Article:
Lay couching, head on ground, with catlike watch,
When that the sleeping man should stir; for 'tis
The royal disposition of that beast
To prey on nothing that doth seem as dead: 120
This seen, Orlando did approach the man,
And found it was his brother, his elder brother.
Cel. O! I have heard him speak of that same

And he did render him the most unnatural
That liv'd 'mongst men.

And well he might so do,
For well I know he was unnatural.

Ros. But, to Orlando: did he leave him there, Food to the suck'd and hungry lioness?

128 Oli. Twice did he turn his back and purpos'd so;



104 threw aside: directed his eye to one side 110 gilded: i.e., of a golden color.

113 unlink'd: uncoiled 114 indented glides: i.e., gliding in a zigzag line 117 couching: crouched for a spring 119 royal; cf. n.

124 render: describe 131 just occasion: provocation 133 hurtling: clashing tumult


But kindness, nobler ever than revenge,
And nature, stronger than his just occasion,
Made him give battle to the lioness,

Who quickly fell before him: in which hurtling
From miserable slumber I awak'd.

Cel. Are you his brother?

Was it you he rescu'd?
Cel. Was 't you that did so oft contrive to kill

him? Oli. 'Twas I; but 'tis not I. I do not shame To tell you what I was,


my conversion So sweetly tastes, being the thing I am.

Ros. But, for the bloody napkin?

By and by 140
When from the first to last, betwixt us two,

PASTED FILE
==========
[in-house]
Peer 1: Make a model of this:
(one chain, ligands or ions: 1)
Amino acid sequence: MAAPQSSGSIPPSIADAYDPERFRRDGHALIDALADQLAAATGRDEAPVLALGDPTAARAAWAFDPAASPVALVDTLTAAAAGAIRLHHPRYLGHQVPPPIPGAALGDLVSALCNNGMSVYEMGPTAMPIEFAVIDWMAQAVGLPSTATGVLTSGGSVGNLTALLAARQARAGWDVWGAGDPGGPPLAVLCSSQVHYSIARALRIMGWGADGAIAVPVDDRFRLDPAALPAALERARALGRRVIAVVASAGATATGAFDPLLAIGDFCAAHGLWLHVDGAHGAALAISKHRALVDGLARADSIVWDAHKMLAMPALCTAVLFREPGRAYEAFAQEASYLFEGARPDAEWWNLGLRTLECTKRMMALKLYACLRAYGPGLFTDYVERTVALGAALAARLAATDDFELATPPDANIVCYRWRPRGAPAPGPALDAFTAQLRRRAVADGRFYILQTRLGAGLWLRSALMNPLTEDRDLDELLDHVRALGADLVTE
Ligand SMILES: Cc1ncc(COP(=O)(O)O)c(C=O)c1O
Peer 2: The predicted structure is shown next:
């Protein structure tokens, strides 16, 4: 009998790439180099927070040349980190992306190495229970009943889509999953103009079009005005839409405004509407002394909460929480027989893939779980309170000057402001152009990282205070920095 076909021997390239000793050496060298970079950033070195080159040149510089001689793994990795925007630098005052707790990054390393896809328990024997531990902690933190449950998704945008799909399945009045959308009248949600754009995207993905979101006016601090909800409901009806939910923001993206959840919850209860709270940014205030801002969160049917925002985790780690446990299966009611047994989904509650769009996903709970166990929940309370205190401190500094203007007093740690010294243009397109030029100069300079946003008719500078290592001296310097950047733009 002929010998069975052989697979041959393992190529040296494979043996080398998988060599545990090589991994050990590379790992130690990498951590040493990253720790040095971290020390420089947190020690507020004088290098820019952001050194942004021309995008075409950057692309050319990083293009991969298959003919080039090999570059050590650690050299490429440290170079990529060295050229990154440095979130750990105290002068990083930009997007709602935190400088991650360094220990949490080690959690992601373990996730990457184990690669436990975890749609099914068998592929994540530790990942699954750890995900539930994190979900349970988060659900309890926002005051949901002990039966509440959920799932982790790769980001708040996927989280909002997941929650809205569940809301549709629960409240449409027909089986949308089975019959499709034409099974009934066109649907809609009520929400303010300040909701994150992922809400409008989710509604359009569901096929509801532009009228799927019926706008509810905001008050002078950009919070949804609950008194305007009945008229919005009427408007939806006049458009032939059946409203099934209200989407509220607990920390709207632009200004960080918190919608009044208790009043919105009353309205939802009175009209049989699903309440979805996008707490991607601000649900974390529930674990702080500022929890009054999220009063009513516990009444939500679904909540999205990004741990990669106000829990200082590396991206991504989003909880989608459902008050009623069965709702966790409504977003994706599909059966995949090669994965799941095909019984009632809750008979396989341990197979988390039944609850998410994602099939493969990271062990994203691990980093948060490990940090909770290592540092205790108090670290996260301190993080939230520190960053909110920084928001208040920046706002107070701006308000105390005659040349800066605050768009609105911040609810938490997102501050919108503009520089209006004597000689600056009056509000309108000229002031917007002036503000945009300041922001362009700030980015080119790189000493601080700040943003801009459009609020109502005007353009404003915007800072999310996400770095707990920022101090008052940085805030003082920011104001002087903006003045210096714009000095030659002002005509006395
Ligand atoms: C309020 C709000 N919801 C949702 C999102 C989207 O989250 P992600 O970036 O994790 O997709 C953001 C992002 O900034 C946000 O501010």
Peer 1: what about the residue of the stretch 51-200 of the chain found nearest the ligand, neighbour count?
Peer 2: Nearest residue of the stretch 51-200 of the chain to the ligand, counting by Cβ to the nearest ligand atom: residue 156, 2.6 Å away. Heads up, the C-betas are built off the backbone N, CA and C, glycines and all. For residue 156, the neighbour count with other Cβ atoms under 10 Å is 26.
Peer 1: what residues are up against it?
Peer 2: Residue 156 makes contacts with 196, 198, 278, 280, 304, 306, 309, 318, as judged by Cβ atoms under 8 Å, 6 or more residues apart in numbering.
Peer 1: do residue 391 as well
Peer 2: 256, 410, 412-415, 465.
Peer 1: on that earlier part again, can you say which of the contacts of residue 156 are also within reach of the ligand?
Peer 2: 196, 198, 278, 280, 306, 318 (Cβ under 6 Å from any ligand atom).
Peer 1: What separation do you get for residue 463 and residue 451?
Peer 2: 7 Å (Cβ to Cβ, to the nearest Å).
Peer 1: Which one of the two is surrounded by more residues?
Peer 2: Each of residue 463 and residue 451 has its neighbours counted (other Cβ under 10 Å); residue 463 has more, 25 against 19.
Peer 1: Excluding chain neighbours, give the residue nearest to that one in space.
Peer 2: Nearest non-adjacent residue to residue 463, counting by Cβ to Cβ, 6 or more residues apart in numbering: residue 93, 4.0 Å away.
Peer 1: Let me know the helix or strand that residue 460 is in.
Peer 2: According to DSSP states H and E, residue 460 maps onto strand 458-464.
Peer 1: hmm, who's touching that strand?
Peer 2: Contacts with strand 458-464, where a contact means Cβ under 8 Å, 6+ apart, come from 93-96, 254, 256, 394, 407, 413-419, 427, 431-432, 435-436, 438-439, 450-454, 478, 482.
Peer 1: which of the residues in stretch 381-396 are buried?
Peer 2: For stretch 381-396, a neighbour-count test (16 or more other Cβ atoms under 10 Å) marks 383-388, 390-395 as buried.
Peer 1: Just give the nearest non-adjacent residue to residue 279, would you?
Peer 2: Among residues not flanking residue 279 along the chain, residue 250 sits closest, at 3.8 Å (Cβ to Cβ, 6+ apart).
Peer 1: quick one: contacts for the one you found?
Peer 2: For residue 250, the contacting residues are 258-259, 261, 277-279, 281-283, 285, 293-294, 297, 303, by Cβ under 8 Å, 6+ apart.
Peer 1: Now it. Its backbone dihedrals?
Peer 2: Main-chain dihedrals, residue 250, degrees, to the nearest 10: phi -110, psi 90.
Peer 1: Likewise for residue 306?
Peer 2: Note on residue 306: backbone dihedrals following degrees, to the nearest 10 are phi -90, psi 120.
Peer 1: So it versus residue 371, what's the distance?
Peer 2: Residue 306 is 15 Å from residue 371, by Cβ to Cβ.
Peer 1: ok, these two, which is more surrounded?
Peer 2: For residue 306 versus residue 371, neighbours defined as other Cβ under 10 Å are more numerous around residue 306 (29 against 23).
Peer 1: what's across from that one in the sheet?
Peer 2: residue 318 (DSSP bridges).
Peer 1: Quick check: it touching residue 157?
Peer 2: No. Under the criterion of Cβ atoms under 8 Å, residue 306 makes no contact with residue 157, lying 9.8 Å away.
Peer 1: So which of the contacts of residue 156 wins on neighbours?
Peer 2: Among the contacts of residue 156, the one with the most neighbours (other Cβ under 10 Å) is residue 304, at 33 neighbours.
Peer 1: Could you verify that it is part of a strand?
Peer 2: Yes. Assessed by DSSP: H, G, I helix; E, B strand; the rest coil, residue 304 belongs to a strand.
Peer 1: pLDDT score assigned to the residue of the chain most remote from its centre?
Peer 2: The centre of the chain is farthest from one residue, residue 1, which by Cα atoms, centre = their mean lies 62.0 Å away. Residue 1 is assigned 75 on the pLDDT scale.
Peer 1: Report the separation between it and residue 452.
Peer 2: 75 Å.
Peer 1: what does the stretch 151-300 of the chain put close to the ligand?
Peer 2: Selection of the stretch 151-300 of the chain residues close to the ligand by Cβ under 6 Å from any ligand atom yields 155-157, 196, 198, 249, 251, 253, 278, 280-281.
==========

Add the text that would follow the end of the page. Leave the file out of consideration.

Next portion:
Tears our recountments had most kindly bath’d,
As how I came into that desert place:
In brief, he led me to the gentle duke,

Who gave me fresh array and entertainment,
Committing me unto my brother's love;
Who led me instantly unto his cave,
There stripp'd himself; and here, upon his arm 148
The lioness had torn some flesh away,
Which all this while had bled; and now he fainted,
And cried, in fainting, upon Rosalind.
Brief, I recover'd him, bound up his wound; 152
And, after some small space, being strong at heart,
He sent me hither, stranger as I am,
To tell this story, that you might excuse
His broken promise; and to give this napkin, 156
Dy'd in his blood, unto the shepherd youth
That he in sport doth call his Rosalind.
130 kindness: tenderness

136 contrive: plot 142 recountments: recitals 152 recover'd: brought back to consciousness

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Cel. [Rosalind swoons.] Why, how now, Gany

mede! sweet Ganymede! Oli. Many will swoon when they do look on blood.

160 Cel. There is more in it. Cousin! Ganymede! Oli. Look, he recovers. Ros. I would I were at home. Cel.

We'll lead you thither. I pray you, will

take him by the arm?

164 Oli. Be of good cheer, youth. You a man! You lack a man's heart.

Ros. I do so, I confess it. Ah, sirrah! a body would think this was well counterfeited. I pray you, tell your brother how well I counterfeited. Heigh-ho!

. 170 Oli. This was not counterfeit: there is too great testimony in your complexion that it was a passion of earnest. Ros. Counterfeit, I assure you.

Oli. Well then, take a good heart and counterfeit to be a man.

Ros. So I do; but, i' faith, I should have been a woman by right.

Cel. Come; you look paler and paler: pray you, draw homewards. Good sir, go with us. 180

Oli. That will I, for I must bear answer back How you excuse my brother, Rosalind.

Ros. I shall devise something. But, I pray you, commend my counterfeiting to him. Will you go?

Exeunt. 173 passion of earnest: real indisposition